During the past two weeks, shootings resulting in multiple fatalities and severe injuries at Umpqua Community College in Oregon, Northern Arizona University, and Texas Southern University have caused understandable alarm at many institutions of higher education. Recent entries in the Chronicle of Higher Education‘s campus safety link read like a horrible crime blotter:
Not surprisingly, many who work in colleges and universities are asking, what if it happens here? Do we know what to do? The answer, apparently, is that levels of readiness vary widely. Here’s a brief excerpt of an Associated Press examination of training and protocols for on-campus gun incidents at public universities in over 40 states, reported by Lisa Leff and Ryan J. Foley:
At some institutions, such as the Colorado School of Mines and Arkansas State University, training on how to respond to an armed intruder has become as much a part of fall orientation as lessons on alcohol abuse. Students hear presentations covering their options, such as running, hiding or fighting back.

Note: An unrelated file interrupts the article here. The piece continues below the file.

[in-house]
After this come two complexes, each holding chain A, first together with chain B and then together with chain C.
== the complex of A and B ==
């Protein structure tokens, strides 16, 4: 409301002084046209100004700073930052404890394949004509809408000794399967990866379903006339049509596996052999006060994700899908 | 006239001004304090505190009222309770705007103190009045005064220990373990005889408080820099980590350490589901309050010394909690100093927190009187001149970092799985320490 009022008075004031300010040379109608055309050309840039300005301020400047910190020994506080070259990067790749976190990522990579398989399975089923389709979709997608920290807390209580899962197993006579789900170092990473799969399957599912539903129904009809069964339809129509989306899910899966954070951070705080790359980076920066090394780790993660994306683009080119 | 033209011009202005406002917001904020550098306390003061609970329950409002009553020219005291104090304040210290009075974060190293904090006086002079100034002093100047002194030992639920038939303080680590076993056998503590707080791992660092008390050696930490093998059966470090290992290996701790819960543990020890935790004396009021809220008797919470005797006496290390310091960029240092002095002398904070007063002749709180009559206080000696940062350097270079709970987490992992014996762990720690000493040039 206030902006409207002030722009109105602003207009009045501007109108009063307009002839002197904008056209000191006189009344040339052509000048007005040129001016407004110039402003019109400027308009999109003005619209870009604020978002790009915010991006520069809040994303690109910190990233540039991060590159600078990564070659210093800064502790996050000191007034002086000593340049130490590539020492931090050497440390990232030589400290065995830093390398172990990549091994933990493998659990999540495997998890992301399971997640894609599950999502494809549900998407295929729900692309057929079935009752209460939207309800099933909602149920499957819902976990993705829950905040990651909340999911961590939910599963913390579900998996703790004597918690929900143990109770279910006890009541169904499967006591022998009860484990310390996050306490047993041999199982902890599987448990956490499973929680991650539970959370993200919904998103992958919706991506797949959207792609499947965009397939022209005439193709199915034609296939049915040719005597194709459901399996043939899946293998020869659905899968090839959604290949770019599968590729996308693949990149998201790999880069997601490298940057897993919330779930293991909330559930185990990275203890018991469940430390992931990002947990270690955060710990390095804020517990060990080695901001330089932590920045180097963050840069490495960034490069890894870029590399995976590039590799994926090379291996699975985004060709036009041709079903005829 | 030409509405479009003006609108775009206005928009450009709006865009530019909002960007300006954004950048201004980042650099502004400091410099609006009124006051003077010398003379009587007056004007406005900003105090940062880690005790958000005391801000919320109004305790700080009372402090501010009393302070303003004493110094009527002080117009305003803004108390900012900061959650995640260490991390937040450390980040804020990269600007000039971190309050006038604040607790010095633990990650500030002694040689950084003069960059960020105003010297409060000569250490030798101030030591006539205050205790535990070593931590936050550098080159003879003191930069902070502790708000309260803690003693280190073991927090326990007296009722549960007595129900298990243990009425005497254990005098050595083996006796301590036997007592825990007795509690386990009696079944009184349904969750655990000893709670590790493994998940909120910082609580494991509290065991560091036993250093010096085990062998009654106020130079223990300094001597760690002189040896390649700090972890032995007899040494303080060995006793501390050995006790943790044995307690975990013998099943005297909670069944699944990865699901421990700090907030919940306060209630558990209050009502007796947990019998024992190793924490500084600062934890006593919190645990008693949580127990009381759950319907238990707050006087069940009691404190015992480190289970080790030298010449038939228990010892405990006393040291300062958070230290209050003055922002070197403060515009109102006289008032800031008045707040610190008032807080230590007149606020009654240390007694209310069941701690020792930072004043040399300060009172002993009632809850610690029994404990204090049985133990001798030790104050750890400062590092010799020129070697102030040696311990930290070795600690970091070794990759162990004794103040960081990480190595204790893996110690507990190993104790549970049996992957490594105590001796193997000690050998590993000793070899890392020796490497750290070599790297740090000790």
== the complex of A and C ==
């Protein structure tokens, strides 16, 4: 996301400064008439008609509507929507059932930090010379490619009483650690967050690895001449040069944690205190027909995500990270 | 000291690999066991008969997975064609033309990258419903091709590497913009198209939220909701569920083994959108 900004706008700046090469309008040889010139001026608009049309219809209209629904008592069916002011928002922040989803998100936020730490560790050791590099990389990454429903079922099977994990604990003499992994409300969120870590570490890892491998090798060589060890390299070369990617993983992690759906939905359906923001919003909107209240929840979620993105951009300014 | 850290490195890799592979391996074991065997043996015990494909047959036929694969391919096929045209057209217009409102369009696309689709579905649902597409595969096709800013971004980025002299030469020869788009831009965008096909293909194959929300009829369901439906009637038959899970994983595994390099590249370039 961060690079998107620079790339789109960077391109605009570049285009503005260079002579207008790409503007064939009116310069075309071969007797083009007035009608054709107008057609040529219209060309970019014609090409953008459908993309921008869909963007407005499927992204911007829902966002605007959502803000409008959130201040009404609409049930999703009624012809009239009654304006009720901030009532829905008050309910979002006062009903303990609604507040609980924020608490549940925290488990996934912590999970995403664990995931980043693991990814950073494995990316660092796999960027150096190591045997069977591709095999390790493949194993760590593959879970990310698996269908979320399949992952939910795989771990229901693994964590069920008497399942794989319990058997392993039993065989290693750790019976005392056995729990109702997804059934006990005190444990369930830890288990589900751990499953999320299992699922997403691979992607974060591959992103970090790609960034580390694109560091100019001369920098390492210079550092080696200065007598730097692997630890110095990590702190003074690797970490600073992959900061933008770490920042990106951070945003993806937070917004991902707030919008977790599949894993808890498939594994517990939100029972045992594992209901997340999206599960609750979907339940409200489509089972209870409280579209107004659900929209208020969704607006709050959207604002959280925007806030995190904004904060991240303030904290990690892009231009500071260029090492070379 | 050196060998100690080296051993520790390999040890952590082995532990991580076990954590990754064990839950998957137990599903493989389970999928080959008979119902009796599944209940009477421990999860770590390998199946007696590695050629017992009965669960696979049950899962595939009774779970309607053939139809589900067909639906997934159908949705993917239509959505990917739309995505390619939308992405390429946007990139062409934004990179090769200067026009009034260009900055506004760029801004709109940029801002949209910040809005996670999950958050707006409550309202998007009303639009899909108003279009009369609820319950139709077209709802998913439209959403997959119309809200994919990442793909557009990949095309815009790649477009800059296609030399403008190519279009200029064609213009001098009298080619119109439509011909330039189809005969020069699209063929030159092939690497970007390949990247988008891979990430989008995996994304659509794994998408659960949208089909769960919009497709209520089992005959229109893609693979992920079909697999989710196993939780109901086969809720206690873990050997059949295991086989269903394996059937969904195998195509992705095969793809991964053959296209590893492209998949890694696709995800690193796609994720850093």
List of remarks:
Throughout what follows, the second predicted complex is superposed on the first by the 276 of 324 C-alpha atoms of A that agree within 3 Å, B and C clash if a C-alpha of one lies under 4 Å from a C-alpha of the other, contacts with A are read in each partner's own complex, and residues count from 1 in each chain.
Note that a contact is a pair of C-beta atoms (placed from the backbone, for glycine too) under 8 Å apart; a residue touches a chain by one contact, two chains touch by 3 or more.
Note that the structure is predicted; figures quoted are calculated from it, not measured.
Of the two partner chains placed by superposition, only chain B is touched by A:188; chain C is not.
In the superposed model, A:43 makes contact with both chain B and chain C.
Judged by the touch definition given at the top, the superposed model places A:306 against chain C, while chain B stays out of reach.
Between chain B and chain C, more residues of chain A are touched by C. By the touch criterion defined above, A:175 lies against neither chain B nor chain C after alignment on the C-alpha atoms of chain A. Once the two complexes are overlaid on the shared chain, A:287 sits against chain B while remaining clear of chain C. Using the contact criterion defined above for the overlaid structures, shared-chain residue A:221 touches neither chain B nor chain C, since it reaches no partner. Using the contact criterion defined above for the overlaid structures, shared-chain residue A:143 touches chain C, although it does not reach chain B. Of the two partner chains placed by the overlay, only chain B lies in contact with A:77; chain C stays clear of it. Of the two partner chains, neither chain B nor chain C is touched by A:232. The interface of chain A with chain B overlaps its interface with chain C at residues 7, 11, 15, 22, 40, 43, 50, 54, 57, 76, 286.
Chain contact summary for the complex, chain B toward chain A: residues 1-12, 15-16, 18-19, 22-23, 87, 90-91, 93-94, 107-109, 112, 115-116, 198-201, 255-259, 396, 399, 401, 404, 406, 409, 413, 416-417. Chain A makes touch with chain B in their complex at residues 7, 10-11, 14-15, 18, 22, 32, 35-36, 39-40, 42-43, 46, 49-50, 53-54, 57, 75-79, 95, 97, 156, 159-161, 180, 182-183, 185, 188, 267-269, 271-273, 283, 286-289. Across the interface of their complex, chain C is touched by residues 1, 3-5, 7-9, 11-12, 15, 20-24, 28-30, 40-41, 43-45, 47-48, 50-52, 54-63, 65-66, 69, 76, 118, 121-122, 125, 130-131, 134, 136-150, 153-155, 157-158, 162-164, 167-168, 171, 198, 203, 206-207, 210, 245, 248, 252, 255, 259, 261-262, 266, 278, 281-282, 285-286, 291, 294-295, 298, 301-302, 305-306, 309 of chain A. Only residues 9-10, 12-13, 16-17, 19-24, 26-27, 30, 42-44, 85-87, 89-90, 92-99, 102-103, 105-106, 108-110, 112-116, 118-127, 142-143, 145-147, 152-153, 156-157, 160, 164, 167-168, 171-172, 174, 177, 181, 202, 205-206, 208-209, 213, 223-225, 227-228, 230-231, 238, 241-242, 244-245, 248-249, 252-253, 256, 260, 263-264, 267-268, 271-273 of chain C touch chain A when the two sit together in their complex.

Other schools have purely voluntary training. Or they put information on what to do in an emergency on websites, where it can easily be overlooked by students and staff members. Many public college and university systems leave it up to their individual campuses to draw up emergency plans and decide what level of training, if any, to give employees and students.
Overall, those employed in higher education settings have reason to be concerned about the safety of their work environments. True, the statistical probability of gun violence will likely continue to pale to that of other safety risks in higher education settings. But we should not be surprised when more shootings occur. The reasons for this are many and intertwined, including America’s gun culture, mental health concerns, and the stressors present on our college campuses.